We Asked the Orthodox Community: Should Women Be Allowed to Be Rabbis?

Earlier this month, over 500 people gathered at the Ramaz School on Manhattan’s Upper East Side to witness a milestone in Jewish history: the inauguration of the first class of maharat. Maharat is a Hebrew acronym for a phrase that means a female leader of Jewish law, spirituality, and Torah. The three women given the blessing will be the first Orthodox women to serve as clergy. In all but name, they are rabbis. Or so we've heard.

Bustle asked four people from very different parts of the Jewish world to explain just what this milestone means, and why Orthodox women still can't serve as rabbis. Ruth Balinsky Friedman, 28, is one of the recent Yeshivat Maharat graduates; Chaim Shmuel Kaye, 28, is starting the process of becoming a Reform rabbi this year; Sydni Adler, 22, will start her Conservative rabbinical training next fall; and David Levin-Kruss, 48, is an Orthodox rabbi and teacher at the Pardes Institute of Jewish Studies in Jerusalem.

What was your first reaction to hearing that women were going to be ordained as maharat?

Chaim Shmuel: To be honest, I had a very selfish reaction, which is to say I was worried that if Orthodoxy is willing to confirm women in the role of a rabbi, then in a very central way the the uniqueness of liberal Judaism's plurality and egalitarianism might be less defining. So I was both simultaneously very excited and enthused about it being a fantastic move forward for Orthodoxy, and wondering “what does that mean for the rest of us?”

Sydni: I was very excited. One of the reasons why I am choosing not to be ordained within Orthodoxy is its current lack of positions of respect for Orthodox women. I believe that this is a step towards the right direction, but we're definitely not there yet.

What do you think has happened recently in the Jewish world, or the world at large, to make this milestone possible?

Ruth: We see ourselves as an outgrowth of all the movements before us to educate the community, and slowly over the past century women's learning has increased to the point that many of us have had equal access to the texts that men have.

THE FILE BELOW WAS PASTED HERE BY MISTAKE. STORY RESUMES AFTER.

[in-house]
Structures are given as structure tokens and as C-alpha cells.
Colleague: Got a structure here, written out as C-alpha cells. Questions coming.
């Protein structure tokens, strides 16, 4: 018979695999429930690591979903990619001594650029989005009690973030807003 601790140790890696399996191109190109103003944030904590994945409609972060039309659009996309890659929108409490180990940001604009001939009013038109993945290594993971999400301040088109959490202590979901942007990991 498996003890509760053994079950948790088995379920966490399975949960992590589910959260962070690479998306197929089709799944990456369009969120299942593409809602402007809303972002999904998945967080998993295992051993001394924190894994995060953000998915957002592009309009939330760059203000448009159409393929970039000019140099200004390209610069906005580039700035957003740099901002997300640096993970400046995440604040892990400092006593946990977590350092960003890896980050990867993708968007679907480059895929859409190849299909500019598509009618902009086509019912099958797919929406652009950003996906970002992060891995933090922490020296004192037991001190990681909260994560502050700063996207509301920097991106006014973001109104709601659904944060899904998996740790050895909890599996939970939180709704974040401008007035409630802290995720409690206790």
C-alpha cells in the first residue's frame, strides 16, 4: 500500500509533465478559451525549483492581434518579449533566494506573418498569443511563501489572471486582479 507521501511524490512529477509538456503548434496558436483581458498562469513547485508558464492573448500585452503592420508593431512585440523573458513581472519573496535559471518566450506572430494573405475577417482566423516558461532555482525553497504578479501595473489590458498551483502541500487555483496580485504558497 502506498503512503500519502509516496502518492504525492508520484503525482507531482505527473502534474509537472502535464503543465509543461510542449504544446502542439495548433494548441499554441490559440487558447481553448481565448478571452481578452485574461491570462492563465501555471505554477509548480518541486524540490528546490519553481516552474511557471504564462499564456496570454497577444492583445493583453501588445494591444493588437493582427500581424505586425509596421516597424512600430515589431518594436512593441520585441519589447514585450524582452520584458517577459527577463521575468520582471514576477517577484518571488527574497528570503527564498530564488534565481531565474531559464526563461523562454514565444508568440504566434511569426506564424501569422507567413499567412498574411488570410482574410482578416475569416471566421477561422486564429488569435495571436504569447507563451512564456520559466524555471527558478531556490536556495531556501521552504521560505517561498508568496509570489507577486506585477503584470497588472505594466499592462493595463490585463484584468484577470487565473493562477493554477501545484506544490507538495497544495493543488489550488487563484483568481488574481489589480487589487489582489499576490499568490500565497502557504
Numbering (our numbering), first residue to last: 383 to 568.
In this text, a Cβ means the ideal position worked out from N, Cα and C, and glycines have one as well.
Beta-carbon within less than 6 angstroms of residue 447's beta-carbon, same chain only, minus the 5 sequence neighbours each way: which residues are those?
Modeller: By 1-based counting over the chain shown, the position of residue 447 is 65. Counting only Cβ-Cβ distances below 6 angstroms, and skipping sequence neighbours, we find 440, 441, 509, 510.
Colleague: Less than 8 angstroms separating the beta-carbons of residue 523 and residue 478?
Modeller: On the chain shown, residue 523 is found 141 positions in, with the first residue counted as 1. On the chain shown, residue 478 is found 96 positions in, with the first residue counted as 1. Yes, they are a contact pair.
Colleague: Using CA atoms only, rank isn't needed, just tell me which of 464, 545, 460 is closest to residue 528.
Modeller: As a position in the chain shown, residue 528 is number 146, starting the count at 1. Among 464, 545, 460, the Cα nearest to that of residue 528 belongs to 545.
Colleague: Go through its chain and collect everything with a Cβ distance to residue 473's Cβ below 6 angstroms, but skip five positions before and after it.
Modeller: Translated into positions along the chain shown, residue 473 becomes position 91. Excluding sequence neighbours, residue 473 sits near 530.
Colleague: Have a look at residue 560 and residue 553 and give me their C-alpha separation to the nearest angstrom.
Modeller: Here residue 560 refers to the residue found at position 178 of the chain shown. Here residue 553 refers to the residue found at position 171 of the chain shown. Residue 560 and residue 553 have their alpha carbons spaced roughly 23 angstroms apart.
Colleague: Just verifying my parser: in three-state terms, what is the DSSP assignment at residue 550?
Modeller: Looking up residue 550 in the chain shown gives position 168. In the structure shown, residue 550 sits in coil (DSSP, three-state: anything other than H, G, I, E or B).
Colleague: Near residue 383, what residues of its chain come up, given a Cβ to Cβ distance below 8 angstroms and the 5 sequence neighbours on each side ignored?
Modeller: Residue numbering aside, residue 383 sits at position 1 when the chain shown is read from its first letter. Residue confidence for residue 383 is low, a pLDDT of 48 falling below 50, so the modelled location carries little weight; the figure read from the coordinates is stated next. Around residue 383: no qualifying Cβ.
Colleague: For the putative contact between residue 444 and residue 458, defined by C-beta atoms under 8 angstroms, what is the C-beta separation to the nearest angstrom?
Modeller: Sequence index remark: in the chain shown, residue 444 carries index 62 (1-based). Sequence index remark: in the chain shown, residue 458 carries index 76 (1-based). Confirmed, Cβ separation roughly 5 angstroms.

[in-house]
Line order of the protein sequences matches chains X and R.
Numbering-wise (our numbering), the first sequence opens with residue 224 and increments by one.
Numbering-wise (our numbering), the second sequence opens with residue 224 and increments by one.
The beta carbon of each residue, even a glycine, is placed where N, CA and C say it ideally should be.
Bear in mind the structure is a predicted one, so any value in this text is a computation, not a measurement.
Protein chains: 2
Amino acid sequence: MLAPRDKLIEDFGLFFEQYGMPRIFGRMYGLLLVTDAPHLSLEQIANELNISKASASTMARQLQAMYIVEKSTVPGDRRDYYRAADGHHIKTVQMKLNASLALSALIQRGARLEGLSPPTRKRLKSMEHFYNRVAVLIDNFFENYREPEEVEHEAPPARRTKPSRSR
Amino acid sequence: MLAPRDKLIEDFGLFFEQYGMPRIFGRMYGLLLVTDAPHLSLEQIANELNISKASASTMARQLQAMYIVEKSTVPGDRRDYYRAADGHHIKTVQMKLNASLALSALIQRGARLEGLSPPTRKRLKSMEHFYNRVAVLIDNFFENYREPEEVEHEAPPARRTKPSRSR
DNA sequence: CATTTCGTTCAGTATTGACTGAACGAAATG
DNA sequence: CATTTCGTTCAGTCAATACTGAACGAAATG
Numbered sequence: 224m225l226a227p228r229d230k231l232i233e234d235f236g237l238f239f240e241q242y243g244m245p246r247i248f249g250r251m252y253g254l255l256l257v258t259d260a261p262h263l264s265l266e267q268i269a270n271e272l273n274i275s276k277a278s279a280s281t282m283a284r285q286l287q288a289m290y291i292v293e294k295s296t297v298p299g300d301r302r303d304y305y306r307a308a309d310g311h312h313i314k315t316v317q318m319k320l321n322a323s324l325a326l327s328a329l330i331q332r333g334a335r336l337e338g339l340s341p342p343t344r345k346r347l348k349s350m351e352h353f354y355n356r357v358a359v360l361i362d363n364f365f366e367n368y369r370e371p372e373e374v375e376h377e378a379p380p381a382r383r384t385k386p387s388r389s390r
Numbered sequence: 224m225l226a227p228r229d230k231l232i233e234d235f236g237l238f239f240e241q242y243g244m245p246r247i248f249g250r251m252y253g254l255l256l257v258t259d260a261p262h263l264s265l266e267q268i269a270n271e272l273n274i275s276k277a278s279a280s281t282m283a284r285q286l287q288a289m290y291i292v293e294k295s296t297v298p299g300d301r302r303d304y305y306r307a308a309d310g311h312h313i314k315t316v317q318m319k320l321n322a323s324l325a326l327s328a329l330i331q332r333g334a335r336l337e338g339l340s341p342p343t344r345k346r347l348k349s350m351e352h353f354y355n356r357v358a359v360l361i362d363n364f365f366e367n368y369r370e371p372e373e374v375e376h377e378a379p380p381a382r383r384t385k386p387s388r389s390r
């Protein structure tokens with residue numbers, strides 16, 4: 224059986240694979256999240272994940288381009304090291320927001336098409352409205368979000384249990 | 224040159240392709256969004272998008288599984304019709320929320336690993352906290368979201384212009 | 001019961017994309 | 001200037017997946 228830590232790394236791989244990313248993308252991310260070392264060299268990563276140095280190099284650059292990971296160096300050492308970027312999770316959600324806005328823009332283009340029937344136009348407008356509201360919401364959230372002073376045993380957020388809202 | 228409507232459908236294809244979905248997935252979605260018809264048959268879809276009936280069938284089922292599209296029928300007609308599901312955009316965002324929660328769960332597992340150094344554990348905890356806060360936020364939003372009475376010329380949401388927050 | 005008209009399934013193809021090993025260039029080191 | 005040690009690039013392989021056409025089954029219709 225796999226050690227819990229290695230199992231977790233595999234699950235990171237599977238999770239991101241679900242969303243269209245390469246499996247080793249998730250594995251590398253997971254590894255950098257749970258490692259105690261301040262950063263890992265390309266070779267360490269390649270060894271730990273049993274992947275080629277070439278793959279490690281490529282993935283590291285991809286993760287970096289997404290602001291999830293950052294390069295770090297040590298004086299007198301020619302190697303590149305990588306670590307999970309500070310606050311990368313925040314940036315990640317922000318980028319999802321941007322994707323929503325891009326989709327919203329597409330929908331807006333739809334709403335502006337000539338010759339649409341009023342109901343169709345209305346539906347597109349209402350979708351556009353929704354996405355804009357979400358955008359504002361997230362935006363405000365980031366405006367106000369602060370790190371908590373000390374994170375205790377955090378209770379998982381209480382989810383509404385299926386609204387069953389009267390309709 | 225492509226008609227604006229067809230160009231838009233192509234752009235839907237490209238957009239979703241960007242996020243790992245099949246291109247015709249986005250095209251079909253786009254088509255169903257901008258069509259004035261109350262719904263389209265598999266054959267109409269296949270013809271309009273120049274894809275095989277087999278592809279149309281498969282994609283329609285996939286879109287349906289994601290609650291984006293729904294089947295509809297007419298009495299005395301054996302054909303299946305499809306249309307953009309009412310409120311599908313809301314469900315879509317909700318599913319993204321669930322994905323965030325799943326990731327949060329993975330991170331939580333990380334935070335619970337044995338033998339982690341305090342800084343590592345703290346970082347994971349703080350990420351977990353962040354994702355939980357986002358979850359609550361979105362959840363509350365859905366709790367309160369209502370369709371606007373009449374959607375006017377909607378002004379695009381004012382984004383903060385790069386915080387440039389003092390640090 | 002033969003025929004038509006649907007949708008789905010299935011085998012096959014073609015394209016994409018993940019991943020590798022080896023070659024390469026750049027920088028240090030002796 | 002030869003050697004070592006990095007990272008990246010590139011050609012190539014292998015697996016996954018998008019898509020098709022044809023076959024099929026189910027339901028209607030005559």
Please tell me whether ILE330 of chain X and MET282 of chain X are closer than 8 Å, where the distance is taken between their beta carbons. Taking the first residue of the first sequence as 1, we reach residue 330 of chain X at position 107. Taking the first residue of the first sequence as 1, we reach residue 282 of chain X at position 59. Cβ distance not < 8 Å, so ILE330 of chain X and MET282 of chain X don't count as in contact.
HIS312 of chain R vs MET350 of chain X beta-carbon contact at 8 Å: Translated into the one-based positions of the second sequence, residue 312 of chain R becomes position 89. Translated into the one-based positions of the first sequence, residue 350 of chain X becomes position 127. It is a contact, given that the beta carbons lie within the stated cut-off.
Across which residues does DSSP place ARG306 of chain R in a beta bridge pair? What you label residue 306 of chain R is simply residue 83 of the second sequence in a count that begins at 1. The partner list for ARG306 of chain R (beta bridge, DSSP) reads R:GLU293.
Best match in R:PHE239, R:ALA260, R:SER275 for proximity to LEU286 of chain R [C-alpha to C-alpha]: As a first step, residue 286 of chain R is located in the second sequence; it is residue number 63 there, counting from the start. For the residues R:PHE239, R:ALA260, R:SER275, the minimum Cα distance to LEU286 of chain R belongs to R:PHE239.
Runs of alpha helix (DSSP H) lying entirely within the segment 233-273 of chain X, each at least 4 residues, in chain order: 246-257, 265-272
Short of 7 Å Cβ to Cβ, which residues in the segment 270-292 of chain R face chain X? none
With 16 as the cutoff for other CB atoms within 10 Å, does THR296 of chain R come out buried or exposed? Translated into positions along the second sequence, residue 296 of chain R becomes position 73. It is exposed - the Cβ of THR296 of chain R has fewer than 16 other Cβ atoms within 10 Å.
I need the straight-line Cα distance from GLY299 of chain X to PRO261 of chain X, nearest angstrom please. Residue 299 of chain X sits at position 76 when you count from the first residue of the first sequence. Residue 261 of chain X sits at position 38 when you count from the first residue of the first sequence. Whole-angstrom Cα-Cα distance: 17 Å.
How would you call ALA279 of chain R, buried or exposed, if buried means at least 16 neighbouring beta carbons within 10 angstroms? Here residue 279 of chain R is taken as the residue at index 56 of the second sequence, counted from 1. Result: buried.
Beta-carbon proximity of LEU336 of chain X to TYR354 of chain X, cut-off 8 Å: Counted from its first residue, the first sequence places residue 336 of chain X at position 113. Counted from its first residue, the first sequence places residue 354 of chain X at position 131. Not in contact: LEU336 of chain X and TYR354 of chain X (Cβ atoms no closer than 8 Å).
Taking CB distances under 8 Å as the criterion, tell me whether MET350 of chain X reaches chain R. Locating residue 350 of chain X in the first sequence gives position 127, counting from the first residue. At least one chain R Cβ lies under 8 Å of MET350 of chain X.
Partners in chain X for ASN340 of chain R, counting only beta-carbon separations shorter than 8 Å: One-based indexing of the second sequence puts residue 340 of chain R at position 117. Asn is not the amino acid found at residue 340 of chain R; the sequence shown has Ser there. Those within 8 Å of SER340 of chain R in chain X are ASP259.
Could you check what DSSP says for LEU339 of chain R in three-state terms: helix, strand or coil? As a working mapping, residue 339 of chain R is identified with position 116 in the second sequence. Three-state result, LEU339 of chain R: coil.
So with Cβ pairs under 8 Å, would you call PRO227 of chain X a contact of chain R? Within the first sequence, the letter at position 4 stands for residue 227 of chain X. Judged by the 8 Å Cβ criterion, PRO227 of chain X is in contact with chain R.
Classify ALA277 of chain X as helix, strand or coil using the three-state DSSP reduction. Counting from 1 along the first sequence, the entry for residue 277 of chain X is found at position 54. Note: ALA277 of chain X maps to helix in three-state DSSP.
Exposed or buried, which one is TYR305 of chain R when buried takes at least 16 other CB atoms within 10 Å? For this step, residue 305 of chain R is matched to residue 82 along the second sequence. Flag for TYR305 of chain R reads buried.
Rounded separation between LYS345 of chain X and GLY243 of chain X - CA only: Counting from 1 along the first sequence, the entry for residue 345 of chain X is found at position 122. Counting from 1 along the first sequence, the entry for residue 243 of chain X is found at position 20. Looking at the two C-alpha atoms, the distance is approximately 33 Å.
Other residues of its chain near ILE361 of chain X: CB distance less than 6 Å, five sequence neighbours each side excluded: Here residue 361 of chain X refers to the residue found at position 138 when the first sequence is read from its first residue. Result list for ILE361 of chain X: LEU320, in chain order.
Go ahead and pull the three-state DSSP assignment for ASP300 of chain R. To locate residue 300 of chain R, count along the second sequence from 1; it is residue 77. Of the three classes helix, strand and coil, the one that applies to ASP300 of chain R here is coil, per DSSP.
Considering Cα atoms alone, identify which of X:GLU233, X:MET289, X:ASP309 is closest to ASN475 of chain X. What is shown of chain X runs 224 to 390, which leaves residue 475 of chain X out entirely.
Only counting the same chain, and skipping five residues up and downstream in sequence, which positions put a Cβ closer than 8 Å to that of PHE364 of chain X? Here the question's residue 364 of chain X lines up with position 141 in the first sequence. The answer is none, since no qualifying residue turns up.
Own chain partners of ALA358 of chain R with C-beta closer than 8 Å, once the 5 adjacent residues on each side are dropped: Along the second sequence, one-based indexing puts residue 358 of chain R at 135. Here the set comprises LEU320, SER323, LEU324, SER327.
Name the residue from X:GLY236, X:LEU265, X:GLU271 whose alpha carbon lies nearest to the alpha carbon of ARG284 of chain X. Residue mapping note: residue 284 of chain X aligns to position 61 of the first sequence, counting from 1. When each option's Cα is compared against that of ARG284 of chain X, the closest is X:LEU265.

Chaim Shmuel: I don’t understand why this didn’t happen earlier. I certainly don’t think it's because suddenly women have more of a capacity to be rabbis and that that’s a recent thing. I think it demonstrates a change in the thought process of certain influential Orthodox rabbis for the better, and I’m very pleased with that. And I hope that people continue to move in those thought circles.

What arguments have you heard for why there shouldn’t be female rabbis? Do you agree with any of them?

Sydni: Orthodoxy seems very attached to keeping the separation between men's and women's roles. I don't quite understand, but maybe it has something to do with that. What I hear from those men who do disapprove is a kind of separation between their Judaism and mine. I am a "liberal" Jew and they are "Torah" Jews. With Maharats, though, Orthodoxy must now react to female figures acting as rabbis within their own sphere of Judaism.

David: The main reason is a question of halakha [religious Jewish law], which says a woman is not allowed to be in a position of power over men. Many rabbis say this law is no longer relevant because that isn't the type of power that rabbis have nowadays. Another argument against [women being rabbis] is that inevitably a rabbi does certain things—acts as a witness or leads a minyan [a gathering of men praying] or things like that—which women in Orthodoxy can’t do.

Does there seem to be something significantly different to you between someone being given called a 'rabbi' versus 'maharat'?

Sydni: A maharat is not placed on the same hierarchical level as a rabbi. We've been listening to the opinions of rabbis for almost two thousand years—but not so much from maharats. I believe it's sort of an issue of power, and I think it's ridiculous.

Ruth: I’m happy with the title of maharat and I think it’s very exciting. I don’t see [the title of] rabbi as being higher because the two are functionally the same. As far as their roles in synagogue, there is no difference except that maharat do not participate in a minyan or serve as a witness to marriage ceremonies.

David: It’s not just the female form of rabbi, it is significantly different.

Do you think you can be an Orthodox rabbi and be a feminist?

Sydni: Yes! In my opinion, there are many halakhot [religious Jewish laws] that reduce the rights of Orthodox Jewish women that aren't really halakhot at all. They arise from minhag [social customs without the authority of law]. I believe that the responsibility of feminist Orthodox rabbis is to reinterpret current customs of halakha to reflect either what the rabbis originally said, or what their original intentions were in these sorts of cases. I believe that these women have a right to enter into the conversations of current and future rabbis, and to introduce feminist, feminine voices into the ongoing reconstruction of Jewish law.

Ruth: I strongly identify as a feminist and almost everyone I know is a feminist. I don’t see the two as being mutually exclusive. But I prefer to learn in an all-women’s space, and there are certain conversations we can have that are very specific to the female experience.

What direction do you think the Orthodox community will go from here? Do you think there will be backlash, or slow acceptance?

Chaim Shmuel: I just don’t know. But I think the fact that people are playing with halakha to move it towards equality for women says a lot about the future of open Orthodoxy, and I think it’s a bright future.